This research aims to identify and assess the benefits and impacts of greenspace establishment in the urban environment.
- to examine the impacts of climate change on pollutant linkages
- to determine the benefits of woodland on air quality
- to demonstrate the Pollutants in the Urban Environment (PUrE) framework
- to develop and implement a strategy for monitoring the impacts of urban greenspace(Methuselah).
Scientific evidence suggests that the UK will be subjected to warmer and wetter winters, hotter and drier summers, rising air temperatures, increased storminess and heavier rainfall. These factors may contribute to an increased risk of significant pollutant linkages forming where greenspaces have been established on regenerated land.
Tree have been shown to take up more atmospheric pollution than other types of vegetation because of their large leaf area and increased air turbulence around them. To understand how urban and peri-urban trees and greenspace can improve air quality, an the PUrE Software Platform has been created (Cleall, et al, 2009),. Modelling of pollutant indicates that some tree species indeed have a net beneficial effect, while others may not, particularly under some extreme climatic conditions.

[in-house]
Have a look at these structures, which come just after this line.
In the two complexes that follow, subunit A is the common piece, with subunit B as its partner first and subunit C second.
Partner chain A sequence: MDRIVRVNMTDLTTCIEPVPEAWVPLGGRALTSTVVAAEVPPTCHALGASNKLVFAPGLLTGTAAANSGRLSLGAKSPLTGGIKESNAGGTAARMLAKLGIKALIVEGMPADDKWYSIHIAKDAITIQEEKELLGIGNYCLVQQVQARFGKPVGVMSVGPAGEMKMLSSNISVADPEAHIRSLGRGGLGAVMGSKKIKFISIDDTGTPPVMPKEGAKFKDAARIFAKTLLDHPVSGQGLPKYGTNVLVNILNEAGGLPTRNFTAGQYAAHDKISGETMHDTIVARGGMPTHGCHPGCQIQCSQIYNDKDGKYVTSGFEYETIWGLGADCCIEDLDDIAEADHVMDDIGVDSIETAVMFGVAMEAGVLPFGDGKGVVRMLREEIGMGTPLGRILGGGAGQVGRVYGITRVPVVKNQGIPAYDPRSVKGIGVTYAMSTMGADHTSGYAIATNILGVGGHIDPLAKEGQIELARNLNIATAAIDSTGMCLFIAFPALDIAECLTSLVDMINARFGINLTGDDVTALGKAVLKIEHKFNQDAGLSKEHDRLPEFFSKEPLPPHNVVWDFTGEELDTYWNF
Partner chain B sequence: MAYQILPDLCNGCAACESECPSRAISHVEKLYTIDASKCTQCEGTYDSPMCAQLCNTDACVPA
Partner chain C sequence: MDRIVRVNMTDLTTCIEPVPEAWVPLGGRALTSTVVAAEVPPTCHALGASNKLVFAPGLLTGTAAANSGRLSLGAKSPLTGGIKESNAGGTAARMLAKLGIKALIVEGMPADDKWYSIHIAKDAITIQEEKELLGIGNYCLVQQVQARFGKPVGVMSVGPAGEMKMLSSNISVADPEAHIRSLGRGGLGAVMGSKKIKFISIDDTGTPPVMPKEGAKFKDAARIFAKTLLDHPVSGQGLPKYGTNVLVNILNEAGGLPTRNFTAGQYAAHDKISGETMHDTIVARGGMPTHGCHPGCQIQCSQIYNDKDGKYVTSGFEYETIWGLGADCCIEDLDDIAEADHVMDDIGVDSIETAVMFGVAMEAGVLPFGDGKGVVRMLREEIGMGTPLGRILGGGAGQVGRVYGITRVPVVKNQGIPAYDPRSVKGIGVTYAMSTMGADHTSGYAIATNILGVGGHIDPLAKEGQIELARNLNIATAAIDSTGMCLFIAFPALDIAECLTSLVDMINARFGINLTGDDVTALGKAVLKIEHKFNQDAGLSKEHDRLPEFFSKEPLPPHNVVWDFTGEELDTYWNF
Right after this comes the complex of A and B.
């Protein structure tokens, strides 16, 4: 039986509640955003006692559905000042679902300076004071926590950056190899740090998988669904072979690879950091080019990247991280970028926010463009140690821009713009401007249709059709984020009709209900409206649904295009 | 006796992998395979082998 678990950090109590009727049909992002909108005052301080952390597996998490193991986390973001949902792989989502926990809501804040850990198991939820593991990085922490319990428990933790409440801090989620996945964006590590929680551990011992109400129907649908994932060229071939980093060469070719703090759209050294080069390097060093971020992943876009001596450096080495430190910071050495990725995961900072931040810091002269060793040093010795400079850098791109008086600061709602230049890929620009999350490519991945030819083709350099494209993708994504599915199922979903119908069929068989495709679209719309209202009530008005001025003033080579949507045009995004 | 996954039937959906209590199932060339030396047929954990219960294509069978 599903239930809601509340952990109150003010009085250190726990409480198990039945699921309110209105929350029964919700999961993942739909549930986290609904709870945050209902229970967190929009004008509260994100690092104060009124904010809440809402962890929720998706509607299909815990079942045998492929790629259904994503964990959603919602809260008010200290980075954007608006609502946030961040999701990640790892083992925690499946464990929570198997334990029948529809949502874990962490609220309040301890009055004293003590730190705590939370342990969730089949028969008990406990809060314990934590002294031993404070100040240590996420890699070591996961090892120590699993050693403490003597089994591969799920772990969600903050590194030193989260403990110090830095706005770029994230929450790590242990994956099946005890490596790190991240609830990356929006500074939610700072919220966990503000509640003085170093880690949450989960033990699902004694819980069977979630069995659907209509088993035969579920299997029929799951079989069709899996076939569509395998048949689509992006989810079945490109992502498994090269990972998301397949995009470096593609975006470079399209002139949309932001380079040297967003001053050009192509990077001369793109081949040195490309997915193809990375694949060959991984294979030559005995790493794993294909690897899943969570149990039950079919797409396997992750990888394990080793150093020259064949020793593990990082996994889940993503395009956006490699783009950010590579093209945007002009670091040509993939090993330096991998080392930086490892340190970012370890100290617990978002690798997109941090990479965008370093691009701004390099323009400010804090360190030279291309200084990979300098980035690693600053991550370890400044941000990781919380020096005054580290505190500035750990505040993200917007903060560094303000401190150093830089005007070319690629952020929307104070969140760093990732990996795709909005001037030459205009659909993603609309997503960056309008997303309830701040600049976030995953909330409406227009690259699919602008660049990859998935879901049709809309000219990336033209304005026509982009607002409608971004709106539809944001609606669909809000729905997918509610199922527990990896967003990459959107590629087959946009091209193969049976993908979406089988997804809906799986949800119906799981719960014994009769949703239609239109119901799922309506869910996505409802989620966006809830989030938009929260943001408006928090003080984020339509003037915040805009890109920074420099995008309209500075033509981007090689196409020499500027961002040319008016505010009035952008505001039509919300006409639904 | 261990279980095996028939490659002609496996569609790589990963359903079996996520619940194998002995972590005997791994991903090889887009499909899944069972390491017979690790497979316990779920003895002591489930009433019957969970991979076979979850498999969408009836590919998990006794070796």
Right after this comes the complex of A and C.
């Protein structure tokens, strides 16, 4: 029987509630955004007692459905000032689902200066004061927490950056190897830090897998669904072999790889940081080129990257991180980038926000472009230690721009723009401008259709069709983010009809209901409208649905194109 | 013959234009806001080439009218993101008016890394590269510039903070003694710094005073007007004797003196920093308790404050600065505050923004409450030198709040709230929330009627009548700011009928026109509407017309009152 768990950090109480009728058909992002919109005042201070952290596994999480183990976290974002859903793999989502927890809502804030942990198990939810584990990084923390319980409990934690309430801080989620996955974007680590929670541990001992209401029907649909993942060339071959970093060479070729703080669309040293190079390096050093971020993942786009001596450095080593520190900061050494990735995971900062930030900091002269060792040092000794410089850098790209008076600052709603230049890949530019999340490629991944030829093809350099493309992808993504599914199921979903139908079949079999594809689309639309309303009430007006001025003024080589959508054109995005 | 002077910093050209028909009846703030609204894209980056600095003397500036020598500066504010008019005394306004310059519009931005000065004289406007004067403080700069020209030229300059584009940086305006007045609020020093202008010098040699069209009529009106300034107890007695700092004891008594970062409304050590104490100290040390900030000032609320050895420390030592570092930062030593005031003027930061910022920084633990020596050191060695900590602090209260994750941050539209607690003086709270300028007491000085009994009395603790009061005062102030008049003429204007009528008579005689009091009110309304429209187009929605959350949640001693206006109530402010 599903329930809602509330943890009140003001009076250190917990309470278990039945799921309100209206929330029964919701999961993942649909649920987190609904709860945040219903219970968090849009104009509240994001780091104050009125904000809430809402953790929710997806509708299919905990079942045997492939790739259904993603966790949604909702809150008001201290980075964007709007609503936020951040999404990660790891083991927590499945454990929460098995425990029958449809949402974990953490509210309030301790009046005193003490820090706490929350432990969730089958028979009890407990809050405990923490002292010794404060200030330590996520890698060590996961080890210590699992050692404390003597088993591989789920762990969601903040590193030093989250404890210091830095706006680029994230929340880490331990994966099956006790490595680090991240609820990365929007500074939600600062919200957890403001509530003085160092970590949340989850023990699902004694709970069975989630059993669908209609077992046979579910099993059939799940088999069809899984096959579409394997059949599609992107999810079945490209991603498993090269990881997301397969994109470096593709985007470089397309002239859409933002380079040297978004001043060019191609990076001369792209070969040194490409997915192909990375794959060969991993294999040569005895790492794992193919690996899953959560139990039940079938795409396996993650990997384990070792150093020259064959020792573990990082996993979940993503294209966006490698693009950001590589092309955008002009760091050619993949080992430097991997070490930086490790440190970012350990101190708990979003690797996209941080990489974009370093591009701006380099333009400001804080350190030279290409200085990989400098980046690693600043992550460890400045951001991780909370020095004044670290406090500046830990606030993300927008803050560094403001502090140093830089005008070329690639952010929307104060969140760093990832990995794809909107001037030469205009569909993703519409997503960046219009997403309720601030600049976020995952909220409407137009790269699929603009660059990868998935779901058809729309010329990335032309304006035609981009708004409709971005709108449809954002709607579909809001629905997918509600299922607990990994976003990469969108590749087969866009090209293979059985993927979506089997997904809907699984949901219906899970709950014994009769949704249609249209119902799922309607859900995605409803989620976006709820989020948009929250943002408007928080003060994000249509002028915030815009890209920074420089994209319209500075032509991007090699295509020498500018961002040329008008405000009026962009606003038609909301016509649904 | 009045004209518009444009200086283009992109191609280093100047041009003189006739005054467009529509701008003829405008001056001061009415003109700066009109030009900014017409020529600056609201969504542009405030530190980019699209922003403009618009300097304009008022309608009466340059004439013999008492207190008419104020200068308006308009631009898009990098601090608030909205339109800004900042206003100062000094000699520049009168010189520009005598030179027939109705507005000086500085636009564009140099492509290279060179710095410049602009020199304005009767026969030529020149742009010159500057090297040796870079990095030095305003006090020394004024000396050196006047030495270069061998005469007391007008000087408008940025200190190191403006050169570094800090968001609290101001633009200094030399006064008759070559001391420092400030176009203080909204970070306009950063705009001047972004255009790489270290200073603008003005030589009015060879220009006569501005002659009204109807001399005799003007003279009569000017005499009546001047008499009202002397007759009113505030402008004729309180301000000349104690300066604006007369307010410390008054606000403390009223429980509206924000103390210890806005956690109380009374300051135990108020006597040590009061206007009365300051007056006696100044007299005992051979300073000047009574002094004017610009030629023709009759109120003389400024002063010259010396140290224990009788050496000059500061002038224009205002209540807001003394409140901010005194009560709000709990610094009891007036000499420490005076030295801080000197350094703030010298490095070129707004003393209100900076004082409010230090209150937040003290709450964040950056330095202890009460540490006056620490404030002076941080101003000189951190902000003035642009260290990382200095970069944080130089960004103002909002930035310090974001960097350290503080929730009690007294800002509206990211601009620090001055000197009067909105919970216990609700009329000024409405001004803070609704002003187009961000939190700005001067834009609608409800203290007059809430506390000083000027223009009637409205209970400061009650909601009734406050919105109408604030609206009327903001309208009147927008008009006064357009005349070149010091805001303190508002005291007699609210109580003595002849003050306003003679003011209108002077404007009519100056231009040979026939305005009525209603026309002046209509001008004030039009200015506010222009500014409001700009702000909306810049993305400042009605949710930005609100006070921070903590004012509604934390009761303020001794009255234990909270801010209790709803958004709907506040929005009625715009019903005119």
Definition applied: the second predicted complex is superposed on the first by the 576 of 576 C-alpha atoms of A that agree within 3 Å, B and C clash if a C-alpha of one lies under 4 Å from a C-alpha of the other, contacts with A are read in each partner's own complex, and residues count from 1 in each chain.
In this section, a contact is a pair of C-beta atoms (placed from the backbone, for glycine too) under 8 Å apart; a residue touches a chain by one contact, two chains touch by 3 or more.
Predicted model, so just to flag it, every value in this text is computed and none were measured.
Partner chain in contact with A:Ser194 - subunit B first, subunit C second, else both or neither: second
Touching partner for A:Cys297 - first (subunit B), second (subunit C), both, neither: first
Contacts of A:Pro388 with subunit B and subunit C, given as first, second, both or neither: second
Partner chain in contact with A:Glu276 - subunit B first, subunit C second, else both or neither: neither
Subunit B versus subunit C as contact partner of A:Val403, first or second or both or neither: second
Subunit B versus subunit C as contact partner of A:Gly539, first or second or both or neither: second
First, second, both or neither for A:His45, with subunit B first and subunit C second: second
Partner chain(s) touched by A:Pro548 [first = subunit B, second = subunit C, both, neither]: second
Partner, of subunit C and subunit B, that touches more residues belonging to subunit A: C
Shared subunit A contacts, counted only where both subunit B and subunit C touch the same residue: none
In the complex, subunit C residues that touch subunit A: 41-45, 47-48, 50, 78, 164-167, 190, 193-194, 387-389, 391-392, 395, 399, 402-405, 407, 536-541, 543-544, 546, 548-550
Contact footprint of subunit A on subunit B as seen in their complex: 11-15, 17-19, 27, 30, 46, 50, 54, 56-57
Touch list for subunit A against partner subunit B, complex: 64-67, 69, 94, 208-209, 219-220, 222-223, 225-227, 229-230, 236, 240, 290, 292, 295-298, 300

Development of Methuselah, a strategy for monitoring the impacts of urban greenspaces.
Funders and partners
The main funders and partners of this research are:
- Building Research Establishment
- Forestry Commission
- May Gurney
- Sustainable Urban Brownfield Regeneration: Integrated Management (SUBR:IM)
- Engineering and Physical Sciences Research Council (EPSRC)
- University of Cambridge
- University of Reading
Forestry Commission policy
Use of land degraded by former industrial and urban activity makes an increasingly important contribution to the expansion of woodland. Trees planted on such sites offer immense social benefits in addition to the possibility of economic activity on formerly unproductive land. This programme supports the related objectives of the English Forestry Strategy and across Great Britain generally.